Films Of Moral Struggle Bronson Draft Essays

Submitted By gyuty
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Chris Osowiecki
Films of Moral Struggle
Prof. Tueth
April 15, 2013

The Fight for Fame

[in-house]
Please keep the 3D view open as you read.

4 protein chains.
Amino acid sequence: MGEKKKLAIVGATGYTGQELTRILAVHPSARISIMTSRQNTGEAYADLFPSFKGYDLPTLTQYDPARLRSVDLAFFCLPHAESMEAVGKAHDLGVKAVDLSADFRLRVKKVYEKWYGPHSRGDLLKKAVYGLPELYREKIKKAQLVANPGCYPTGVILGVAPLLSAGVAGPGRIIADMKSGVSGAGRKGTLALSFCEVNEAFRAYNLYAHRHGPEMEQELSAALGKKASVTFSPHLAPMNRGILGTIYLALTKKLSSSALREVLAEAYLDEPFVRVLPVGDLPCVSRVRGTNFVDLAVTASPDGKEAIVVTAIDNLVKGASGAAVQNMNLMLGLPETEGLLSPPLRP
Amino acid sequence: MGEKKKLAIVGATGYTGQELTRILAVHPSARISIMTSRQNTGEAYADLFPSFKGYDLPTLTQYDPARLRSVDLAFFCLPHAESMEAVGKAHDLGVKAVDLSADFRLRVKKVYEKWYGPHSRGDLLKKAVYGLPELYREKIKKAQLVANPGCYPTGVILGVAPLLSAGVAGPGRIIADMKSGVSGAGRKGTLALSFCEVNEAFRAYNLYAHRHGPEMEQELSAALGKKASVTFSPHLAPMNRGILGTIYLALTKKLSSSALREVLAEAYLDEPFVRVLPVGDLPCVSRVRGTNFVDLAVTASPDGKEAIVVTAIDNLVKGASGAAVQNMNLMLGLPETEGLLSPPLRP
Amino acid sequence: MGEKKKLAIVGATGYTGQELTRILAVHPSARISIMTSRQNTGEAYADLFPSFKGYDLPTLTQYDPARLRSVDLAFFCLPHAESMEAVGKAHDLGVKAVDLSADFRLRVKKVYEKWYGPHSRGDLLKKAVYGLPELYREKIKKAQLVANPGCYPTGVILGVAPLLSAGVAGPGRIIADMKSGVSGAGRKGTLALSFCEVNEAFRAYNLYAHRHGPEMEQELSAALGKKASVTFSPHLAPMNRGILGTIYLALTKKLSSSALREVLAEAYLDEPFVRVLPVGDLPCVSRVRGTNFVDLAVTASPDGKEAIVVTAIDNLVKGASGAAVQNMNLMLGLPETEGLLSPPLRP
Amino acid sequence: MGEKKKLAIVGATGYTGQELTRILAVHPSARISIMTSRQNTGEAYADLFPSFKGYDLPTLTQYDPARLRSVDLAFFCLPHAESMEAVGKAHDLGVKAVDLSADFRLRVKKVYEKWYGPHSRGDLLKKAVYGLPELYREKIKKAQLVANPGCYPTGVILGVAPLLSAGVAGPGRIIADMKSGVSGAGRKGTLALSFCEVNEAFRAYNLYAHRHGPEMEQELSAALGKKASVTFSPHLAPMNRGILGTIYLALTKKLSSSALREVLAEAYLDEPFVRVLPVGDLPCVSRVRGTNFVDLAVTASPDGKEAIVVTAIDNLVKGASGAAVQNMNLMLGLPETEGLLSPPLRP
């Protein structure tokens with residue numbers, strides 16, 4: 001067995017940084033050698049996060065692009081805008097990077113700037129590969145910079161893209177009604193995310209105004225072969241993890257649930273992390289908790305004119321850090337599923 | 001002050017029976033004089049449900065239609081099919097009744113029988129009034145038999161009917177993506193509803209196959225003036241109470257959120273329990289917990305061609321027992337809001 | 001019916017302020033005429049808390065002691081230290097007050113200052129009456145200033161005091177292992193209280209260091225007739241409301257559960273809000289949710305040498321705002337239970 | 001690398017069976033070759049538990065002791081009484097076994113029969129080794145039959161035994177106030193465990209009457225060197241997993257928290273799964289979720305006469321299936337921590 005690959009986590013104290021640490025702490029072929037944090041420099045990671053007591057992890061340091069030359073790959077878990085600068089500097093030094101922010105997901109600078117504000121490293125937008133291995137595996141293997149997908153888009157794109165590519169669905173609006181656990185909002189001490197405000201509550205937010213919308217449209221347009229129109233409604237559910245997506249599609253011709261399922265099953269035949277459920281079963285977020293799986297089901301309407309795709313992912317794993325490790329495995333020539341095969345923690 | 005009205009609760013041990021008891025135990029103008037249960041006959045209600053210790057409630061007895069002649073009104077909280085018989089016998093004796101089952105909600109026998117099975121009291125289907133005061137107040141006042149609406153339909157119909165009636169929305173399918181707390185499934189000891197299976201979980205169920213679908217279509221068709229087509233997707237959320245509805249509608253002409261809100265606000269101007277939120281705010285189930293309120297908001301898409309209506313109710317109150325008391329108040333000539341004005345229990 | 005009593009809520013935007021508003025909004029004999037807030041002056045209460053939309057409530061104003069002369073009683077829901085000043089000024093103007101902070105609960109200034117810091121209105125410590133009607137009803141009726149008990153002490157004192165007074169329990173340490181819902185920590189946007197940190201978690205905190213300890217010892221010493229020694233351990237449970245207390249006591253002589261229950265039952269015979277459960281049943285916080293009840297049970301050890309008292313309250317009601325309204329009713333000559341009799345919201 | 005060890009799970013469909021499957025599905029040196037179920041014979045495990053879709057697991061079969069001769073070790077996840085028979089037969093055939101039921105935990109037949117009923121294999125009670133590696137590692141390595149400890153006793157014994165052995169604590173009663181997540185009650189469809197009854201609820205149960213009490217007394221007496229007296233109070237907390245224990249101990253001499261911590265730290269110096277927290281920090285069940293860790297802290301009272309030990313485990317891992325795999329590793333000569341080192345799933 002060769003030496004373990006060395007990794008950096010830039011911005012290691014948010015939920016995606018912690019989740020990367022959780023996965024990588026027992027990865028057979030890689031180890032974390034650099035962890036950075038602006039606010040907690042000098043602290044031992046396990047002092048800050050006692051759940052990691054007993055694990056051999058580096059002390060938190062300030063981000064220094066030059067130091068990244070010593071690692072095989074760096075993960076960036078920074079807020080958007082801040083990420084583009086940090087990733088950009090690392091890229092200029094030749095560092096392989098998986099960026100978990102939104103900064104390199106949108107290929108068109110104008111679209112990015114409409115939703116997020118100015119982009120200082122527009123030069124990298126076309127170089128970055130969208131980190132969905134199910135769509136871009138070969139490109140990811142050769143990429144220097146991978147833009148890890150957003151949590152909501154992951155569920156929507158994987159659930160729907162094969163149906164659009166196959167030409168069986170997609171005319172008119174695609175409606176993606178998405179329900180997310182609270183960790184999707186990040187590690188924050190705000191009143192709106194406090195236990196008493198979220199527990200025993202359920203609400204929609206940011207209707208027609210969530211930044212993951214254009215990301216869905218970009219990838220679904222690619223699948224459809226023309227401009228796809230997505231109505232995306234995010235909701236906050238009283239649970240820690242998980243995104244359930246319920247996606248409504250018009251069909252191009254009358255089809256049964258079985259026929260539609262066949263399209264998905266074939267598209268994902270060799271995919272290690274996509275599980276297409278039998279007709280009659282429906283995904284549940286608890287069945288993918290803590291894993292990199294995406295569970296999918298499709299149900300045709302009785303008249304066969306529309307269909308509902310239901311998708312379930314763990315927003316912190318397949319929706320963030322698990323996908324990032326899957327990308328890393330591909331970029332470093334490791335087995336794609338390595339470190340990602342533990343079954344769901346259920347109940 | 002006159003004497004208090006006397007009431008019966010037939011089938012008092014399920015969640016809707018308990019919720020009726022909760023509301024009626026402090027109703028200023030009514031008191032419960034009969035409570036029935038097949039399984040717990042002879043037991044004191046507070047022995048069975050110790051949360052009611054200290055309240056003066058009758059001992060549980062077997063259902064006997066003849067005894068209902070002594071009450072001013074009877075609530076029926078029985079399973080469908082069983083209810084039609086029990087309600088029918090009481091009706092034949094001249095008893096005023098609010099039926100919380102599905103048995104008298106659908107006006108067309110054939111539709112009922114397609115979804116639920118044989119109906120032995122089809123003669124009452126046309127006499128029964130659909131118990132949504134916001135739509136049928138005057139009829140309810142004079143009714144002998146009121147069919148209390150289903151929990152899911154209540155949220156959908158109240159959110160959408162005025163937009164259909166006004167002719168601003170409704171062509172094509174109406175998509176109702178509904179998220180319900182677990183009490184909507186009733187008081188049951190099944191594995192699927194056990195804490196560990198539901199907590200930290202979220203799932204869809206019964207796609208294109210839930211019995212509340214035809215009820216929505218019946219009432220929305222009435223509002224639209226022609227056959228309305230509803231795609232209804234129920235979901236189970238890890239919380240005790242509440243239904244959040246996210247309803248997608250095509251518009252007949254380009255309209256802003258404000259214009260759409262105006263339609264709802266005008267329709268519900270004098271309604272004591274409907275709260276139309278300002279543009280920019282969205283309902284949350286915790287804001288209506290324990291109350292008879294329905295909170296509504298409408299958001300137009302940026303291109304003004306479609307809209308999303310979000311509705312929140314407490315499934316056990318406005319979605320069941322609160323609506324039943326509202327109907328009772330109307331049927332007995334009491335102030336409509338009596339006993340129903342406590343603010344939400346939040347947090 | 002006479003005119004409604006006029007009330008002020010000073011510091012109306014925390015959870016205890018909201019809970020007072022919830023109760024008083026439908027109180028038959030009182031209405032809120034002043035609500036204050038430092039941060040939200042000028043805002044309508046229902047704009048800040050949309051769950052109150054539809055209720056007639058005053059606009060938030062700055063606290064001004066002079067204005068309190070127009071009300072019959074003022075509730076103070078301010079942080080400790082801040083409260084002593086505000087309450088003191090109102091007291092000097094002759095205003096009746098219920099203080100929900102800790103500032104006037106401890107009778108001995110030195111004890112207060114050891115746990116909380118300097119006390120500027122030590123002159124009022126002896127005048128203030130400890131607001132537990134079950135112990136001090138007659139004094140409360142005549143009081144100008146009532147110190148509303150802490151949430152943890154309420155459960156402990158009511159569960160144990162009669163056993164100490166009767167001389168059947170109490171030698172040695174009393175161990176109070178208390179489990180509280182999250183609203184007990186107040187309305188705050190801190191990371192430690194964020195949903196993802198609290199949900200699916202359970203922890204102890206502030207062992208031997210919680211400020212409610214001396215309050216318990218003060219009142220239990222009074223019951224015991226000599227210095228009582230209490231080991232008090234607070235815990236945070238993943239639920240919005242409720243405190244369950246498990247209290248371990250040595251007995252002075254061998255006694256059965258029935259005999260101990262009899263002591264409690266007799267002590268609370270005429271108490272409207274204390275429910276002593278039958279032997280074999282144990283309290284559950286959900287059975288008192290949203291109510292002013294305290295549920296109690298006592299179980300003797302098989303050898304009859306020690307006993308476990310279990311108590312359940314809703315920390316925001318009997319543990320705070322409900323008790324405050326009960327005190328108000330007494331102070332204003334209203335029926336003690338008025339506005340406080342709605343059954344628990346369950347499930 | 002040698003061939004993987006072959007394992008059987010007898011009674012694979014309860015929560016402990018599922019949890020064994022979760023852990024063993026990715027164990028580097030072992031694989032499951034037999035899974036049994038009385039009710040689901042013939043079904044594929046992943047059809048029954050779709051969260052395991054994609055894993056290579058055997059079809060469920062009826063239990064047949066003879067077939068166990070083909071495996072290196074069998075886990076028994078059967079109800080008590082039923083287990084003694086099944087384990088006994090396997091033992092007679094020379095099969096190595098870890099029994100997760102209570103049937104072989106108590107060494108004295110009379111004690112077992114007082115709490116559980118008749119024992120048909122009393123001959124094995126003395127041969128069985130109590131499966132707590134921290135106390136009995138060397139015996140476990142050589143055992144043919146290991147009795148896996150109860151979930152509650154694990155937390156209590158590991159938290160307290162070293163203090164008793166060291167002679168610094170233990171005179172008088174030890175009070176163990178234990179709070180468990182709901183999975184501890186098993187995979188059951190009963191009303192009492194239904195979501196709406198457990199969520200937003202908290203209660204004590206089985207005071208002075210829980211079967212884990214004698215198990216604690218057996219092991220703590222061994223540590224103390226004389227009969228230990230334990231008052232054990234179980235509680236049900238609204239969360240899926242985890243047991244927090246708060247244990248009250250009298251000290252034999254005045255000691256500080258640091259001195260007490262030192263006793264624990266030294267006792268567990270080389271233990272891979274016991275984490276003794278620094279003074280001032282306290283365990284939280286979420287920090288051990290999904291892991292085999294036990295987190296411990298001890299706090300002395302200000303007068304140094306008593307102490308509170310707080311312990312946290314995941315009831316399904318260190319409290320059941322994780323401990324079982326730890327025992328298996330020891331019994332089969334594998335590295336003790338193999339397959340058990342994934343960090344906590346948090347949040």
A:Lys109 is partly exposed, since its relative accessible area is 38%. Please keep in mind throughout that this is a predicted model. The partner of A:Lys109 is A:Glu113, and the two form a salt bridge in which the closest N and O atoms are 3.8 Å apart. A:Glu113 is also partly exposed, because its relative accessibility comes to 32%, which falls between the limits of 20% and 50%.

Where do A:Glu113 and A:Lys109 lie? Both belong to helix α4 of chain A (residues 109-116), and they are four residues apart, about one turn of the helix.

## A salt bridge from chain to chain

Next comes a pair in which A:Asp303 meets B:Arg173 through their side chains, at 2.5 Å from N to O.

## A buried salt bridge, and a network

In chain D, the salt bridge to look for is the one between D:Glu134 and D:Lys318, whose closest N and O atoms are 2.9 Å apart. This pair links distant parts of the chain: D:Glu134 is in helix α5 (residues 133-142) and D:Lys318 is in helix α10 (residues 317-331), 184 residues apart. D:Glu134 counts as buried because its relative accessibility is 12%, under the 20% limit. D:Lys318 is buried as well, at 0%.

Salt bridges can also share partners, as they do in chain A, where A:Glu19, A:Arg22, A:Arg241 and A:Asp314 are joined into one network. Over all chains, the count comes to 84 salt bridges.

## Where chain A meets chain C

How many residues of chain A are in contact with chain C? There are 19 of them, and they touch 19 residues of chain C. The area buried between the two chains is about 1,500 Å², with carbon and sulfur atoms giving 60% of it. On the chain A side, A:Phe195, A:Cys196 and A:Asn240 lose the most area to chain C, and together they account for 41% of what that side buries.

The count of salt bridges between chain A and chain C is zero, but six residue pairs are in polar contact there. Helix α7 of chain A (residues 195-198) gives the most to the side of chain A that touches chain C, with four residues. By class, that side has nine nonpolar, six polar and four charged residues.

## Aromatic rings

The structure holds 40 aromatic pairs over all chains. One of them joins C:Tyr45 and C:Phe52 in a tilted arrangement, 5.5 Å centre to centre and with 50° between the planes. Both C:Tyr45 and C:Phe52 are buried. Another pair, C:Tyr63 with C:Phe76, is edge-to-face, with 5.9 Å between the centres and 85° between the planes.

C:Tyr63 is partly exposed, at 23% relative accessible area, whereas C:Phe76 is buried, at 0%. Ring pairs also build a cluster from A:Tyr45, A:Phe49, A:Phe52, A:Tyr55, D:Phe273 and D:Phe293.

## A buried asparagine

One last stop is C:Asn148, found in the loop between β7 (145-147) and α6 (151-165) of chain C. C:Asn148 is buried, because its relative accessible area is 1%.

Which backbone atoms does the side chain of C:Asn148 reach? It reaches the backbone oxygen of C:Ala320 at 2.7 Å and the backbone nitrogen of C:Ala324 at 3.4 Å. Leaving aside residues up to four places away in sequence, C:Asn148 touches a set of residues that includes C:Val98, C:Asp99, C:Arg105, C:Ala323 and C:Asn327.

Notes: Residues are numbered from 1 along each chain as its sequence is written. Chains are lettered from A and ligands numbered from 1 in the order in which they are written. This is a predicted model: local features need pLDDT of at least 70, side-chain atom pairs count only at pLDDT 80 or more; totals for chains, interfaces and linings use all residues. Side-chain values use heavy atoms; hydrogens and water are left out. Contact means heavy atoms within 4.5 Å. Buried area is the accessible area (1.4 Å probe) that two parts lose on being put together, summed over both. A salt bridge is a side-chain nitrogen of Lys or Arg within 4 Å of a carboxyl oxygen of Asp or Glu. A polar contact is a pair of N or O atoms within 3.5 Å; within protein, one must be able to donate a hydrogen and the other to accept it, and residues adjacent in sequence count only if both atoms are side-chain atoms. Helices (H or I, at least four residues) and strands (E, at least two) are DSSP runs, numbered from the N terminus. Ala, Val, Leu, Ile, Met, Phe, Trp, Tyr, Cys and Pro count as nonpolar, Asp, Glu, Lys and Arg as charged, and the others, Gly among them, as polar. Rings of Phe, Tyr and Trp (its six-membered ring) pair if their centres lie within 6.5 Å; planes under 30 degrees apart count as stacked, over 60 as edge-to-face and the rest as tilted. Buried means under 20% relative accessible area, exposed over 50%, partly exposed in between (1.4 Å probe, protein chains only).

Everyday each of us wakes up, goes to work, comes home, goes to bed, and like this the mists of history slowly descend over us and we fade from memory and into anonymity. It is this notion that is addressed in director Nicolas Winding Refn's 2008 film Bronson, starring Tom Hardy as the titular character. It details the story of a young man who the world would come to know as Bronson and his fascinating struggle for fame. Bronson, saw the path of anonymity, he saw himself quietly becoming one of the audience, a face in the crowd, just another nameless participant in the great race of life. Bronson saw that path and he knew he could never walk it, he would have to make his own, he knew that he had to find a way to be magnificent, he had to become a star. To this end Bronson uses fighting as his ultimate form of expression and his means to escape the shackles of a mundane life spent in anonymity, which to him is the true prison. The movie opens with a shot of Bronson simply standing and facing the camera, his expression is vacant, it is as if he stares beyond the viewer. As he begins speaking the opening lines, “All my life I wanted to be famous. I knew I was meant for better things” there follows a montage of Bronson in a myriad of different prisons, all while still wearing that same impenetrable face of contemplation. These early scenes serve to establish the scope and breadth of Bronson's ambitions, as well as establishing a road map that the film will soon travel along. During these shots Bronson laments his lack of traditional fame winning skills, such as singing or dancing, the montage fades to black and reveals a dark room lit with a blood red light. The camera circles the small cell in the center revealing a naked and bloody Bronson, he is covered in ash and paces the cell like an animal. Suddenly several men in riot gear rush into the room and engage Bronson in combat, who despite fighting like a man possessed is laid low. Despite the obvious pain he suffers Bronson manages to keep a smile and repeatedly taunts the guards until they savagely knock him unconscious. The power of this opening sequence is undeniable, and demonstrates director Nicolas Winding Refn brilliant use of lighting and of musical accompaniment, and often times the two together. Whether it be a driving techno song or a soaring classic the piece always adds tremendously to the emotional impact of the scene. The music is slow and smoldering as Bronson paces, building a sense of dread and anticipation. The nightmarish red glow, like a spot light for the damned, highlights the impending feeling of violence and bloodshed. As the guards rush in the lights suddenly flash on and the music reaches a brilliant crescendo. This sequence of events calls to mind the moments before the curtain rises for a great show, a theme that will continue to be developed throughout the movie. With the opening sequence complete and the title screen flashed the movie proper begins. Bronson details his childhood, which he insists was entirely normal, his parents did not beat or abuse him and in fact from what we see they love him dearly. However, from an early age Bronson was predisposed towards fighting, as we are treated to various scenes of a younger Bronson engaging in fights. These scenes all feature Bronson in the center, his violent spectacle having drawn the attention of all those around him. Typically Bronson will dominate the foreground in these shots while just on the periphery we can see his audience almost transfixed by the display. This technique mimics the actual events, through violence and performance Bronson is able to become almost larger then life, he becomes more important than those nameless observers that get forced to the sidelines. This is integral to his development as a person. He learns from an early age that fighting draws a crowd. People will look at